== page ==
Will the American public accept it?
Buick's first EV will be called the Electra, which will debut in the US in 2024. Unfortunately, it's unlikely to be the 580-horsepower Electra that made its debut in 2020 in concept form.
A Buick spokesperson confirmed the news of the Electra's name and arrival to Car and Driver. The big question is which version of the Electra it will be. Buick filed a trademark with the United States Patent and Trademark Office (USTPO) in November for the names Electra E1 through to Electra E9. CarBuzz also uncovered a trademark for Electra GS, hinting at a high-performance model.
The most likely candidate is the Electra E5, which recently made its debut in China, but will it be a success?
Buick's Electra E5 was launched in China as part of the SAIC-GM joint venture. This joint venture is a 50/50 partnership between General Motors and SAIC Motor Corporation. The latter is a state-owned automotive manufacturer with a total output of roughly 5.4 million vehicles per year.
GM partnered with SAIC to manufacture and sell Chevrolets, Buicks, and Cadillacs in China, currently the biggest car market in the world.
The Electra E5 is an interesting car for several reasons. It's the first Buick to get the new logo debuted earlier this year, and it's Buick's first Ultium-based platform. Finally, it's the first Buick to feature the company's new design direction, previewed by the previously mentioned 2020 Electra concept. A more refined version of the concept, known as the Electra-X, was shown earlier this year.
The Electra E5 shares a platform with the upcoming 2024 Chevrolet Equinox EV. Buick's Electra is 2.2 inches longer, but if you look a the two cars side by side, it's pretty evident that it's mostly down to longer overhangs.
Buick did not provide interior images or powertrain details, but since it's so closely related to the Equinox, it's easy to guesstimate. Chevy's Equinox will be available in front-wheel-drive and all-wheel-drive guises. The base FWD model is powered by a single motor that produces 210 hp and 242 lb-ft of torque. An AWD system adds another motor to the rear axle, taking power up to 290 hp and 346 lb-ft. Chevrolet also has two battery options, and the long-range battery will get you 300 miles in FWD format.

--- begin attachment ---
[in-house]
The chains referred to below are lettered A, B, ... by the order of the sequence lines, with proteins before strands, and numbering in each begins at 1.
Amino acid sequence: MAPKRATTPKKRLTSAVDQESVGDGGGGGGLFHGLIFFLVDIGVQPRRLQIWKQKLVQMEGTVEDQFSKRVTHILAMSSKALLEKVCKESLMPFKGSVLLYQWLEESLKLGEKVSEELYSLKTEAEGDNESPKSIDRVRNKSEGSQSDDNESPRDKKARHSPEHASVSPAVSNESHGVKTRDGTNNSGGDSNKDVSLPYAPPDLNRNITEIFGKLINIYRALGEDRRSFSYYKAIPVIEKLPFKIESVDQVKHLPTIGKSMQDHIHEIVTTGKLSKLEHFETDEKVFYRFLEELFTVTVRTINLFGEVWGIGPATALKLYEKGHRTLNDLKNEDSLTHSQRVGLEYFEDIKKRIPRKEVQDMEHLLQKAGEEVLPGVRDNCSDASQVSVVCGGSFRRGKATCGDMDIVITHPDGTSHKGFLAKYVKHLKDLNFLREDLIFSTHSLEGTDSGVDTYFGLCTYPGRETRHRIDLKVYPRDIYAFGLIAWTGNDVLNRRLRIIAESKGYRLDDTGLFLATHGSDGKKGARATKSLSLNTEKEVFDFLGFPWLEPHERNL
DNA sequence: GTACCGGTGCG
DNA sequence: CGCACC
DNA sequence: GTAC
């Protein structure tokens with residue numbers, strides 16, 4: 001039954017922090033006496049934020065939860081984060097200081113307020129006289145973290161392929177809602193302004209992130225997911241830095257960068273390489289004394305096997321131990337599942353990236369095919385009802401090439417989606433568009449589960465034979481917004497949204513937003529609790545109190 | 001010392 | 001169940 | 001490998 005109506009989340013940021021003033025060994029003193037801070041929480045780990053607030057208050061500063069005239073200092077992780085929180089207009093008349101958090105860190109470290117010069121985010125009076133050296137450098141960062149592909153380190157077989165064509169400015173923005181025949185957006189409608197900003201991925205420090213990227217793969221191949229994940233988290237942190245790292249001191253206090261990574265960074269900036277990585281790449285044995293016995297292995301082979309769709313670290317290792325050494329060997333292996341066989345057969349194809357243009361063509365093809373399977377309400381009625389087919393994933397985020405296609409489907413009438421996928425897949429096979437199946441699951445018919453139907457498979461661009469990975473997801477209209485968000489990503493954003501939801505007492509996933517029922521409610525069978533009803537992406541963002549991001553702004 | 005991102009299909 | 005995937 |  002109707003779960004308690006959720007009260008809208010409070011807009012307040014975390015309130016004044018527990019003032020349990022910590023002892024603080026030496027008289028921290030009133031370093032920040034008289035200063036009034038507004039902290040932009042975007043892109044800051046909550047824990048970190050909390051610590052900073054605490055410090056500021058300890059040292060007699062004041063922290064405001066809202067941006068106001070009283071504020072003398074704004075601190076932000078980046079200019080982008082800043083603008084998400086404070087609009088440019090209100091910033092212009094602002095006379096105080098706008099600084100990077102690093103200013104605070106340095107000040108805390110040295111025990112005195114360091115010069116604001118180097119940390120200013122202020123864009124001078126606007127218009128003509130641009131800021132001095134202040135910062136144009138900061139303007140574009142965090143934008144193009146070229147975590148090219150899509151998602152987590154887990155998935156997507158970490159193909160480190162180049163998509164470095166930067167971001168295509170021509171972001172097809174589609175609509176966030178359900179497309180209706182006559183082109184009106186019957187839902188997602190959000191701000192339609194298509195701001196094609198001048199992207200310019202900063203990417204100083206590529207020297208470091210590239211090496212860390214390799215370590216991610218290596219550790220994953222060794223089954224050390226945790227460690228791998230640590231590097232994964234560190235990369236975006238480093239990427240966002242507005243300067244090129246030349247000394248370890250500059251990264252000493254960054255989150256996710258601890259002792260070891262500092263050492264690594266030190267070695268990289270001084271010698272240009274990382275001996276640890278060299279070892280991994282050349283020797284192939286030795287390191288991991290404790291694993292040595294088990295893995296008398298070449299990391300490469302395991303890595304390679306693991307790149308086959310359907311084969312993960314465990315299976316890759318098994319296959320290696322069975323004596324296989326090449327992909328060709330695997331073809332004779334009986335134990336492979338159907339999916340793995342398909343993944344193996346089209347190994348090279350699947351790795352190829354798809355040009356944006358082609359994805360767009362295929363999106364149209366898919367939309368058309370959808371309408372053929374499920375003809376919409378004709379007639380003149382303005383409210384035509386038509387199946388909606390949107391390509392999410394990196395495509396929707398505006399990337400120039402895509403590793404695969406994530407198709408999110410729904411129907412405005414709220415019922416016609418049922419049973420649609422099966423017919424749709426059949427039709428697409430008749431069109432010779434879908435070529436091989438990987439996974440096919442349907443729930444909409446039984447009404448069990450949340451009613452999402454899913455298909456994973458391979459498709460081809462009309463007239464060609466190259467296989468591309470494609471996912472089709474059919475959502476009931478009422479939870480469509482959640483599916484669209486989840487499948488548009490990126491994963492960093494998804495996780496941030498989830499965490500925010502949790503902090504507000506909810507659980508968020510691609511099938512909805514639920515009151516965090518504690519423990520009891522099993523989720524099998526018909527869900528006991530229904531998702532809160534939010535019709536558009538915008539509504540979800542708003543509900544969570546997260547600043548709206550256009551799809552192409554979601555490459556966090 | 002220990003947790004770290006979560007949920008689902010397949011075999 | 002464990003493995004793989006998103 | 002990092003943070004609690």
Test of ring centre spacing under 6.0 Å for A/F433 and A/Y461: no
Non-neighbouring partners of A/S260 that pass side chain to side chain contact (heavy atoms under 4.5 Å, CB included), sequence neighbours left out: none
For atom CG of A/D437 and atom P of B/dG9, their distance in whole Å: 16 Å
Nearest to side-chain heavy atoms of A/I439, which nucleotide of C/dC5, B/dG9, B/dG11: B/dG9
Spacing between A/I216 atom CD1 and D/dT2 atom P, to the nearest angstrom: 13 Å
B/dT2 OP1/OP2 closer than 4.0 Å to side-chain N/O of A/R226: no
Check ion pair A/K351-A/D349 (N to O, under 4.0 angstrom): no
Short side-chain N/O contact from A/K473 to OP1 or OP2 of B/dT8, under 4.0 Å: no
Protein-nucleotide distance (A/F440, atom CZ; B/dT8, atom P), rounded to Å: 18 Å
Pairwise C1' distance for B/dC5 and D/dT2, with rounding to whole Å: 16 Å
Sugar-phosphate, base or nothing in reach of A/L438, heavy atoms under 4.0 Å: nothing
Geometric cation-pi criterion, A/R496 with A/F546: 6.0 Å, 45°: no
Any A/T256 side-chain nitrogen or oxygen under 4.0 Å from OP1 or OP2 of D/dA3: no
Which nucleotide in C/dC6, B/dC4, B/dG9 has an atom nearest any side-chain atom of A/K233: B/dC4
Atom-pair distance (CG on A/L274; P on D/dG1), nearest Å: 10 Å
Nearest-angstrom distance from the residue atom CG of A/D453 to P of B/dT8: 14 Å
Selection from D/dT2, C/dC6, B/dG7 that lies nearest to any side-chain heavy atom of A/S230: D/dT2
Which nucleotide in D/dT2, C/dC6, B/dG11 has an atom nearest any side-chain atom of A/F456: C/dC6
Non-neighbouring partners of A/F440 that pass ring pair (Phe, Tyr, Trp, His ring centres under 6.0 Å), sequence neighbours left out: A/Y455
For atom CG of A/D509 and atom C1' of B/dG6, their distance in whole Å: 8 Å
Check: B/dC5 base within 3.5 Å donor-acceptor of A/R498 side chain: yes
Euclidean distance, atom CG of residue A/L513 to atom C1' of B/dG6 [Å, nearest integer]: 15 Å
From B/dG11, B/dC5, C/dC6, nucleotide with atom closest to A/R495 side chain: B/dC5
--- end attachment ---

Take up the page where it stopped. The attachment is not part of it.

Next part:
Crucially, the Equinox will enter the market at a price of $30,000, and it will qualify for the $7,500 tax credit under the new Inflation Reduction Act regulations since it will be built in Mexico. The Equinox's price is also far below the average price of a new EV these days.
Knowing all of the above, one has to wonder why Buick would bother importing the Electra from China. Thanks to comments made during the Equinox EV launch, we know that the compact crossover EV segment will become significant in the coming years, but the Buick has several things counting against it.
First, there's a deeply rooted anti-China sentiment in the USA, even though most of the racist comments we see regularly are almost certainly made from Chinese-made smartphones. Secondly, manufacturers can't hide badge engineering anymore, and consumers are savvier than ever. Finally, being made in China, there's no way it will qualify for a tax credit.
Perhaps Buick is planning to launch a more upmarket EV. It has nine numbers to work with and might even come in with a model that sits above the Equinox but below the Blazer EV.